The Juno Debate

Since its release last year, Juno, the little movie that could and recipient of the Best Original Screenplay Academy Award, has been the subject of a highly contested debate. Does the film glorify teenage pregnancy? It doesn’t help that in December tween star Jamie Lynn Spears, age 16, announced she was expecting her own little bundle of joy.

I never saw Juno as a celebration of teenage pregnancy. Yes, Juno got pregnant at 16. But her story is both atypical and typical. She has this overwhelming support system but at the same time, the stigma of Juno being a pregnant teen still exists and in some scenes, it overwhelms the narrative.

Yet Juno, as the title indicates, is about Juno. That’s why the communities reception and most likely disapproval of her pregnancy is barely mentioned throughout the film. It’s about her relationship with her parents, her best friend, Paulie Bleeker, and the adoptive parents. But most importantly it is about her growth, maturation, and much-needed reality check. The difficult decisions Juno makes (and we, the audience, see her make plenty of them) help her transition from an overly sarcastic teenager to a slightly less sarcastic young adult.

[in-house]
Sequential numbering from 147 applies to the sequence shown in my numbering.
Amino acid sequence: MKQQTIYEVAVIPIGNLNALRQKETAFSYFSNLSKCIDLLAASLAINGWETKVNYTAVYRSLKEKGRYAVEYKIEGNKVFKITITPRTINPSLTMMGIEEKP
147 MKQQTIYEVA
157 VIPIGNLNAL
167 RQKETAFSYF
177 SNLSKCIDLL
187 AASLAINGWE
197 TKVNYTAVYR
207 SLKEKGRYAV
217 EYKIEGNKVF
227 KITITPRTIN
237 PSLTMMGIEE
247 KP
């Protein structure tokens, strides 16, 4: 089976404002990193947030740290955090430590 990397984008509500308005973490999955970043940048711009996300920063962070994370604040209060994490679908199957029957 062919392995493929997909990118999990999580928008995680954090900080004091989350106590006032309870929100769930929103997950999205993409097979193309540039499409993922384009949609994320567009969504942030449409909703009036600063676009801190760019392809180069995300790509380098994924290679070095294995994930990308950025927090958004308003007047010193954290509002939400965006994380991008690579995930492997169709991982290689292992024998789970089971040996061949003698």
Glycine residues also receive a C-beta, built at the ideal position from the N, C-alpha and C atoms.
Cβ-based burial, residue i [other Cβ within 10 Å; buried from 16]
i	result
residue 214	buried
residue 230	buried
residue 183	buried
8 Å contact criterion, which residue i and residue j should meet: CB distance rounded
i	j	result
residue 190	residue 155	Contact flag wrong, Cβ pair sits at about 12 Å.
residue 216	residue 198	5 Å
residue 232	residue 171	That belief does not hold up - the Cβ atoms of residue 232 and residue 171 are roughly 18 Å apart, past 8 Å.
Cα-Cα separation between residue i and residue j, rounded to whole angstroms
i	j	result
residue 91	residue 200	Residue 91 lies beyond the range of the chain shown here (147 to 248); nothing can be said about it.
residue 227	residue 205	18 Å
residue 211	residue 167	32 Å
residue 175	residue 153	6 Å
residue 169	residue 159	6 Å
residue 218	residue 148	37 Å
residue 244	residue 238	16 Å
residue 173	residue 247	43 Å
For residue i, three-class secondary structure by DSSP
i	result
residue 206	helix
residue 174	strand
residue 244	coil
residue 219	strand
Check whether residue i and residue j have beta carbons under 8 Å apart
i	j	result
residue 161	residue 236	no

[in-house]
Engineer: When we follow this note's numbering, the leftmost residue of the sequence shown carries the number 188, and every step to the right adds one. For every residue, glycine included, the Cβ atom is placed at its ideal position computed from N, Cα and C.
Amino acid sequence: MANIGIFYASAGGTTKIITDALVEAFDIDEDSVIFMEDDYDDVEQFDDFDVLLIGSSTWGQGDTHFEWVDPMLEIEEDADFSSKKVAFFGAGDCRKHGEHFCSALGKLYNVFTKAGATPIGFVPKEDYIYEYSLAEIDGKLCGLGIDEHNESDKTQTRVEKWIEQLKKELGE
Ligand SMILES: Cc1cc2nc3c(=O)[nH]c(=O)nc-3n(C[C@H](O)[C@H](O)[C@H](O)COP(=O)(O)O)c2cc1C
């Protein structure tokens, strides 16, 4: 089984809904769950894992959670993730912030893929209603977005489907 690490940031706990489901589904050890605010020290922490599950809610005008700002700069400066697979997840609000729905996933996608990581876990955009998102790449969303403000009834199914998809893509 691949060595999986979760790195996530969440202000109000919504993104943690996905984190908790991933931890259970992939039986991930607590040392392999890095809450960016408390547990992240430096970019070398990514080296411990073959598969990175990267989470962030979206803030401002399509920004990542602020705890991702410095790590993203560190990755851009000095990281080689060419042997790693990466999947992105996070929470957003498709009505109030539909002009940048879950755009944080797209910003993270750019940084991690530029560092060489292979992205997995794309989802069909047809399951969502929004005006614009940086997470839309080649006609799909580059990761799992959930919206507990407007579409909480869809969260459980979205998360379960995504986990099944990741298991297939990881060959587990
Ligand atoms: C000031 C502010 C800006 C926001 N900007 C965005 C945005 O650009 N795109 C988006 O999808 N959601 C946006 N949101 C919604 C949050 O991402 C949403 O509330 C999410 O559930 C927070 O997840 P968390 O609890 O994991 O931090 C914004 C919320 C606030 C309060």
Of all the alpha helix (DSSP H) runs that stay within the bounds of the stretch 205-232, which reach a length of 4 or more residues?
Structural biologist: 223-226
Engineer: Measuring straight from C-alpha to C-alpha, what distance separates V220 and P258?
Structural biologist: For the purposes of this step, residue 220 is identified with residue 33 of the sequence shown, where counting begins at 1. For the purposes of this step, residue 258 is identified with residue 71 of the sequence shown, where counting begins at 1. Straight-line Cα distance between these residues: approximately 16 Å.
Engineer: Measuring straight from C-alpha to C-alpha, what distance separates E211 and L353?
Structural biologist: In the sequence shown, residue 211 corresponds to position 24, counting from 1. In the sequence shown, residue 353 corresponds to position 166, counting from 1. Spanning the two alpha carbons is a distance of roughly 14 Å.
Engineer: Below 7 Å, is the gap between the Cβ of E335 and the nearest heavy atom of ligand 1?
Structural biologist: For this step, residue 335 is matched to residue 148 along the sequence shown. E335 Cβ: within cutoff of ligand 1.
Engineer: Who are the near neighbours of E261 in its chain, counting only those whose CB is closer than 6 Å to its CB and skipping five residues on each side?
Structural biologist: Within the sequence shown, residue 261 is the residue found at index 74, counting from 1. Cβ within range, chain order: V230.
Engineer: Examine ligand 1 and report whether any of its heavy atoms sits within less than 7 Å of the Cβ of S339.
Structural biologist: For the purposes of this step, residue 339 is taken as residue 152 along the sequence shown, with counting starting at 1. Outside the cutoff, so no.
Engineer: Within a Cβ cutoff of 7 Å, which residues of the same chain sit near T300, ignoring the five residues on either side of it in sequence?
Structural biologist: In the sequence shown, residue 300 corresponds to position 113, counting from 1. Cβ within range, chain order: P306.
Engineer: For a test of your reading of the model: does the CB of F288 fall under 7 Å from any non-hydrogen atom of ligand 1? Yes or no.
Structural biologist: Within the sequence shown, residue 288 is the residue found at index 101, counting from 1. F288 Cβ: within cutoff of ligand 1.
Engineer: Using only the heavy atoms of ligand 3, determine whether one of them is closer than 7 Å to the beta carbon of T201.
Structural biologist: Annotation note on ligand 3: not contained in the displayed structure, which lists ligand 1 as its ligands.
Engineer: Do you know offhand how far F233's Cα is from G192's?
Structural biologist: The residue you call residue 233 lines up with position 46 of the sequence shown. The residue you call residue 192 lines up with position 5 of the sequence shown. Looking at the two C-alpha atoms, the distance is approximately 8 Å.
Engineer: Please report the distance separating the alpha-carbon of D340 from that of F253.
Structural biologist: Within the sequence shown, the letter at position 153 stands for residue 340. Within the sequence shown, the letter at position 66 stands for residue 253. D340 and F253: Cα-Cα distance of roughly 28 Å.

One last thing which this article completely ignores. I think the increase of teenage pregnancies in the US has more to do with the fact that more teenagers are having sex. And what do you expect will happen when sex is so stigmatized and is not discussed as openly as it should be. Clearly no one told Juno to use a condom and maybe if someone had, we wouldn’t be stuck having this debate in first place.

But like the article says: everyone isn’t going to be satisfied and the issues that Juno raises will be debated forever.

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